9 Common React Mistakes and How to Solve Them

Common React mistakes can slow you down and cause much frustration.

As a software developer, working with the React Library can be fun and exciting. But more often than not, there are common pitfalls that even the most experienced developer can fall into.

Let’s take a look at some of these common React mistakes and how we can solve them.

React Mistakes to Look out for

  1. Using `class` instead of `className`. This is one of the most common mistakes especially if you are coming from traditional web development. React favours the `className` instead of just `class`. And although the code will still run, but you will get loads of warning in your developer console.
<div className="image-box"></div>

2. Forgetting to put the `/` in a self-closing tag. Except you are writing XHTML, self-closing tags can be safely used without the forward slash. But React will not TOLERATE it. All self-closing tags must have a `/` without which the program will throw off error

<div className="image-box">
 <img src="" />

3. Not using keys correctly: When rendering a list of elements in React, it’s important to assign a unique key to each element so that React can efficiently update the DOM. Omitting keys or using non-unique keys can cause issues with rendering and performance.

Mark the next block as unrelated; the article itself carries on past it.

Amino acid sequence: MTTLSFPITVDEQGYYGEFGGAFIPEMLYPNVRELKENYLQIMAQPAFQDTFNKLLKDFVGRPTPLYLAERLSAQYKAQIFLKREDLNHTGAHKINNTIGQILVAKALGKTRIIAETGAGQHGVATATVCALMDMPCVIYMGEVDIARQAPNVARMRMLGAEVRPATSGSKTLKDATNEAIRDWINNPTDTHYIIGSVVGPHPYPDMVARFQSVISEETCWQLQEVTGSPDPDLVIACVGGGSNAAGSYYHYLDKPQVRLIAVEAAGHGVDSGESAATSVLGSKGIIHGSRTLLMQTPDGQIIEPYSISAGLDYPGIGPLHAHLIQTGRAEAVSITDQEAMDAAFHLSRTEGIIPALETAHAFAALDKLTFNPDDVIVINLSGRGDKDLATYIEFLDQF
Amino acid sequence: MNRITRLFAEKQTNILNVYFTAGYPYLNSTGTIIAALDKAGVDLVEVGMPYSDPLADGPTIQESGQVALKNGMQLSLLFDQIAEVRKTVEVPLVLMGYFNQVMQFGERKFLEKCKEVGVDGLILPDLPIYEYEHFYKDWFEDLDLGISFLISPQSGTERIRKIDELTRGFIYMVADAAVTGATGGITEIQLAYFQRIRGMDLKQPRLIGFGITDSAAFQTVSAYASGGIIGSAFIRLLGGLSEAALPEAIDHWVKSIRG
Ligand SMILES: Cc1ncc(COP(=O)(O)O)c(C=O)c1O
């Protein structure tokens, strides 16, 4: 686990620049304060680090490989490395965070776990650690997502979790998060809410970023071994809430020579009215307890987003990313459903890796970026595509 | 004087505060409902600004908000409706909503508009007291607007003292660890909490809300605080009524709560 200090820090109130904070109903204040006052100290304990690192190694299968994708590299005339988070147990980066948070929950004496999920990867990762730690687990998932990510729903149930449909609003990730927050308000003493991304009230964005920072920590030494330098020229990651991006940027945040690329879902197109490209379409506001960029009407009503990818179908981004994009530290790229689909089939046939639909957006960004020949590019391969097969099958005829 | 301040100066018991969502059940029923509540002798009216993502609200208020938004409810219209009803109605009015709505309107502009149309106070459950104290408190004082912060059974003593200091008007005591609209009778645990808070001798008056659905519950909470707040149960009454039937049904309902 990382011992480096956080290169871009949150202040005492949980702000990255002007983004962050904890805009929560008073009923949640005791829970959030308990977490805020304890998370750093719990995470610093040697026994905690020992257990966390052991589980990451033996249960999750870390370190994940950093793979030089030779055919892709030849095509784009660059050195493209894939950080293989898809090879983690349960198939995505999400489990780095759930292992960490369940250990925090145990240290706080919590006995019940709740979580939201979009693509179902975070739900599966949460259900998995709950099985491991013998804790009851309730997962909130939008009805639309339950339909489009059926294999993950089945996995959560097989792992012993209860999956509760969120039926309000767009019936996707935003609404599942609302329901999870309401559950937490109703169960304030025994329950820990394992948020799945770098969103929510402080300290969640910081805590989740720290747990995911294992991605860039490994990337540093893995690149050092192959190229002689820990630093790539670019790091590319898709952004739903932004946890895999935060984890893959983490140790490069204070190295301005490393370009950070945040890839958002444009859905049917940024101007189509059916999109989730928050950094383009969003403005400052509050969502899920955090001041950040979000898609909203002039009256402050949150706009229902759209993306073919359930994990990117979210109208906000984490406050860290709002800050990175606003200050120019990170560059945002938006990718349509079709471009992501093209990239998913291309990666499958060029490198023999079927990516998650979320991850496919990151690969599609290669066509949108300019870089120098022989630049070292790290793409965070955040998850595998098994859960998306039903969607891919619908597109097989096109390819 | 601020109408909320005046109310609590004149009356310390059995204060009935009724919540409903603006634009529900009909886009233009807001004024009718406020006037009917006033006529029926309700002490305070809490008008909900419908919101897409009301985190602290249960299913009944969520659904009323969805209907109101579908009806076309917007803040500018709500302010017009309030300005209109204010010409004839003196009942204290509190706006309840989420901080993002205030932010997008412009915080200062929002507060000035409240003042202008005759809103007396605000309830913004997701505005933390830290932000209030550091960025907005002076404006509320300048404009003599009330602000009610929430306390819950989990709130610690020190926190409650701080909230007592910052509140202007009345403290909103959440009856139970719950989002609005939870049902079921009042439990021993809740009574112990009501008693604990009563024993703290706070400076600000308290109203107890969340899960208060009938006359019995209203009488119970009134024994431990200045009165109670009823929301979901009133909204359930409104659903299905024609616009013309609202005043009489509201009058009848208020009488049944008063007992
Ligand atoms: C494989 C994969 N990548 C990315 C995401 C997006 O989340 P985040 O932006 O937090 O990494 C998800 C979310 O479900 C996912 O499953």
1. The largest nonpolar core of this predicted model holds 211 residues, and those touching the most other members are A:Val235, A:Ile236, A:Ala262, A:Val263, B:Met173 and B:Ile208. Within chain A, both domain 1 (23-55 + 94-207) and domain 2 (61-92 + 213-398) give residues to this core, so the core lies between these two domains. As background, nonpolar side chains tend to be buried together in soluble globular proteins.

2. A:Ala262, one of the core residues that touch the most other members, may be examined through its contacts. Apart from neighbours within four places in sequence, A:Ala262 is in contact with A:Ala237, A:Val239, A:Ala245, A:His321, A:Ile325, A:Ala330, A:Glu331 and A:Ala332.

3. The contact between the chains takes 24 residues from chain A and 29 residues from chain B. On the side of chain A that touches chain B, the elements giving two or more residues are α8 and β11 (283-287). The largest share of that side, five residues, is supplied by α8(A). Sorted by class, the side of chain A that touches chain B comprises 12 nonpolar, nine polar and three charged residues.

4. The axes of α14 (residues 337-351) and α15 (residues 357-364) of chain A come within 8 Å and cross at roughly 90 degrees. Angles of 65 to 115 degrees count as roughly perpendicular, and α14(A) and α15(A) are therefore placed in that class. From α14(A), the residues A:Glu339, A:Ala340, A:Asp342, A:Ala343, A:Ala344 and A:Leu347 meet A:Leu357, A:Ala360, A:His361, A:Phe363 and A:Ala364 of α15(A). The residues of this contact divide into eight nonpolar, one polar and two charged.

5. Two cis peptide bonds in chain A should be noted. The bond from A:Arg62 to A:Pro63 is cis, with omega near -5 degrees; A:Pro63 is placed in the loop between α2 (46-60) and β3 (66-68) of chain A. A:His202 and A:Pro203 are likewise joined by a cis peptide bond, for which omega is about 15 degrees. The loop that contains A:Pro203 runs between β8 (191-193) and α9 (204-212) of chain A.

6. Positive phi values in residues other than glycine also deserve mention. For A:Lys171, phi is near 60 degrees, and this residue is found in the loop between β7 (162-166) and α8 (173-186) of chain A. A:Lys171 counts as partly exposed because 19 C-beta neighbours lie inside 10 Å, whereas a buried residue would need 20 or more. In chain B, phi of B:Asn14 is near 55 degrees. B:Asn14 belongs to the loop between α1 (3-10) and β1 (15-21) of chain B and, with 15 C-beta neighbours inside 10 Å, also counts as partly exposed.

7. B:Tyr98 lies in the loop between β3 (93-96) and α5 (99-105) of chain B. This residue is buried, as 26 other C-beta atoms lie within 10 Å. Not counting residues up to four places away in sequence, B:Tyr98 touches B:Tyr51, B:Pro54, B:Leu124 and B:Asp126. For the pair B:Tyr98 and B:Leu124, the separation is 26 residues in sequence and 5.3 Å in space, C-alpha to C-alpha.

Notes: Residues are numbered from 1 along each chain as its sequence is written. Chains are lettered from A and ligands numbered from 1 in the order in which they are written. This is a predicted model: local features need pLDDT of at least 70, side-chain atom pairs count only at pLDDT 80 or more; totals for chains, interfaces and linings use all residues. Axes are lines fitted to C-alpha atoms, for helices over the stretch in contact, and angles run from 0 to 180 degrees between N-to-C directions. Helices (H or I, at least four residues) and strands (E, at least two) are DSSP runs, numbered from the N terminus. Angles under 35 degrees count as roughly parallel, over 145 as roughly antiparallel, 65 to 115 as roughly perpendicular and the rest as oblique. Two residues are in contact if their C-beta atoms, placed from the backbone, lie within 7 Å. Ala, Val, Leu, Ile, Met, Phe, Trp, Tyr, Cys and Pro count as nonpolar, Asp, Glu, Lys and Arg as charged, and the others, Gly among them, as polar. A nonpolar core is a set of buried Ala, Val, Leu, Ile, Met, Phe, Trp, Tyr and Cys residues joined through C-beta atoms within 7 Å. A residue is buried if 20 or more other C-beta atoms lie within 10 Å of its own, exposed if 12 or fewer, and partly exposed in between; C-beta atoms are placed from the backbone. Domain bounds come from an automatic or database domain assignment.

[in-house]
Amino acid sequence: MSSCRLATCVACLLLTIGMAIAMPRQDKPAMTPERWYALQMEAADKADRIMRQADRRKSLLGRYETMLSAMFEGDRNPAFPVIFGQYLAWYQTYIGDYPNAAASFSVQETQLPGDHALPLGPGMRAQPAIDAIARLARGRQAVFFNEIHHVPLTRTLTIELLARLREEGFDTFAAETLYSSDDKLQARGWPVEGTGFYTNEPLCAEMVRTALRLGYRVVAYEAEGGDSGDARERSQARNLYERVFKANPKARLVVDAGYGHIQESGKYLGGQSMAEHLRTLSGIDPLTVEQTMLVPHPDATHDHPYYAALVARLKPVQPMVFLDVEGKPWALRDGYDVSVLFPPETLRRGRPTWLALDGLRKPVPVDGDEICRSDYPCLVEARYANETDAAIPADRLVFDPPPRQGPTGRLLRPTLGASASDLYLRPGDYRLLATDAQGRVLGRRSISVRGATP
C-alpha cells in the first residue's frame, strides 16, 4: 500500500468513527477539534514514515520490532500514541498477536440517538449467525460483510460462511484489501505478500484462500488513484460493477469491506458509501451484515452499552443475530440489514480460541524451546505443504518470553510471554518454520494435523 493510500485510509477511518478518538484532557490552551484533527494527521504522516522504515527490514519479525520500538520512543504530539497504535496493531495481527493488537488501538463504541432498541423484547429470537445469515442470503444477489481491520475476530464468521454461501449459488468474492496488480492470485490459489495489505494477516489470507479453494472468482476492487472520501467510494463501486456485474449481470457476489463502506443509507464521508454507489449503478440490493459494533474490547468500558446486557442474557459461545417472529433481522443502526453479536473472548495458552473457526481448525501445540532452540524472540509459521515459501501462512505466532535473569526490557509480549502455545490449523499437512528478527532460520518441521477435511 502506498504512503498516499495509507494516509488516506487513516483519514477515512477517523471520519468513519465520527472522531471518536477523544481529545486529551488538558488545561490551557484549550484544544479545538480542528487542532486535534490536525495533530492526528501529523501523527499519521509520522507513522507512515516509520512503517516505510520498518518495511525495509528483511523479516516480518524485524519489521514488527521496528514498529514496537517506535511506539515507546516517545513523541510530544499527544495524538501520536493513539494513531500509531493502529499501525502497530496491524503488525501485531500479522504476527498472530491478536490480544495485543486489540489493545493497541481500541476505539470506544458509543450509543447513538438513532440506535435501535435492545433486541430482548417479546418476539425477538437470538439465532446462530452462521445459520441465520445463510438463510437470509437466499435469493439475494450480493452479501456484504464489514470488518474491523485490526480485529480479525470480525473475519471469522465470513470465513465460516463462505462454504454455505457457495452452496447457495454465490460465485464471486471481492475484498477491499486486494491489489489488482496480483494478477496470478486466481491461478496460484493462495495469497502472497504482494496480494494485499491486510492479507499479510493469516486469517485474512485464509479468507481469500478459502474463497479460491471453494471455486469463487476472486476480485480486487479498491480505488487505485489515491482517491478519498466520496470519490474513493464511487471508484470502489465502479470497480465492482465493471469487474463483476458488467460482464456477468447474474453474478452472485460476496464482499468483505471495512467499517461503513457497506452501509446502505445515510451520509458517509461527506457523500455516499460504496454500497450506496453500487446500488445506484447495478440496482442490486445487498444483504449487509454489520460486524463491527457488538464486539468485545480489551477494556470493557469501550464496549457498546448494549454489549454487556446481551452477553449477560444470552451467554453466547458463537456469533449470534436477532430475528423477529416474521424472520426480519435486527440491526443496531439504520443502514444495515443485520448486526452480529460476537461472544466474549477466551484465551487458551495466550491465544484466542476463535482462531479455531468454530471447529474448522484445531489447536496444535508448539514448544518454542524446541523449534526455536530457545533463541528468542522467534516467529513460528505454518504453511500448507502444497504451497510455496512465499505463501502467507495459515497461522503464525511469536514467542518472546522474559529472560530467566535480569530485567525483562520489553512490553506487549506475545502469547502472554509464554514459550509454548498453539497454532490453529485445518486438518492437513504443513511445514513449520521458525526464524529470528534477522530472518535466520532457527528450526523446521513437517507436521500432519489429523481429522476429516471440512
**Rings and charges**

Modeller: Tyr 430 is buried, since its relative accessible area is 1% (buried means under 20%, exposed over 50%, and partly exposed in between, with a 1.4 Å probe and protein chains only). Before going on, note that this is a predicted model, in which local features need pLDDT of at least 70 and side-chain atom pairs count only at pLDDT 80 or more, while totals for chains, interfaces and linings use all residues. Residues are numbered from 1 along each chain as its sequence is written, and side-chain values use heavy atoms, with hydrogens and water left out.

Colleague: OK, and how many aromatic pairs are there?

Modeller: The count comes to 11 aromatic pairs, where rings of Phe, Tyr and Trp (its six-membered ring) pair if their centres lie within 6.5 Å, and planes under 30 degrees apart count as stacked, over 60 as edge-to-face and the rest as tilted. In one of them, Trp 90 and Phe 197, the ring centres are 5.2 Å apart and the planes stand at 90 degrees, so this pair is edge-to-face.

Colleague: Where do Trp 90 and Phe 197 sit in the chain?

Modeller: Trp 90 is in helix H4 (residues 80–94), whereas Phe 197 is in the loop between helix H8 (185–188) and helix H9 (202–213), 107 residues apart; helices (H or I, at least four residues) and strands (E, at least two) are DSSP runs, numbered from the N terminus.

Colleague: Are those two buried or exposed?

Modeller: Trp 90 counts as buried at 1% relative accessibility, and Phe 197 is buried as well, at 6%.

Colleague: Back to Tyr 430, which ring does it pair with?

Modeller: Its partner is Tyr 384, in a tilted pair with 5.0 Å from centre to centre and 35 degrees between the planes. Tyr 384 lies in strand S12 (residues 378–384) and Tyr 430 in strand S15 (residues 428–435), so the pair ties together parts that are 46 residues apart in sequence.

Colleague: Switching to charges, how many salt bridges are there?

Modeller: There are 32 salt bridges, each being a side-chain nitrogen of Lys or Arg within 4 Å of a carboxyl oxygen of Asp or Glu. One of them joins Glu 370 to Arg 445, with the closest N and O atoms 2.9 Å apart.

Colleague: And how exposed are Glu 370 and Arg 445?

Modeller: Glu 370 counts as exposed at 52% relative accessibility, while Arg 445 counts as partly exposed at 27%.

function NumberList(props) {
  const numbers = props.numbers;
  const listItems = numbers.map((number) =>
    <li key={number.toString()}>
  return (

4. Not handling asynchronous events correctly: React relies heavily on asynchronous events such as API calls and user input. Failing to handle these events properly can cause your application to freeze or crash.

 //API calls here

5. Improper Error Handling / Not using `try - catch` block. Improper error handling can also be an oversight and can be one of the most overlooked process. It is important to properly handle errors in your code by setting error boundaries, and `try-catch` is one of the effective ways to do that.

 //make calls here

6. Using setState() in the render method: This is a big NO. Calling setState() in the render method can cause an infinite loop and slow down your application. Instead, use `setState()` in lifecycle methods or event handlers.

7. Ignoring React’s lifecycle methods: React has a set of lifecycle methods that allow you to perform actions at specific points in the component’s life cycle. Ignoring these methods can result in unexpected behavior.

8. Overusing props: Passing too many props between components can make your code harder to maintain and can cause performance issues. It’s important to keep your component hierarchy simple and pass only the necessary props.

9. Not using React.memo or useMemo: React.memo and useMemo can help to optimize your application by preventing unnecessary re-renders. Failing to use these methods can cause performance issues as your application grows.

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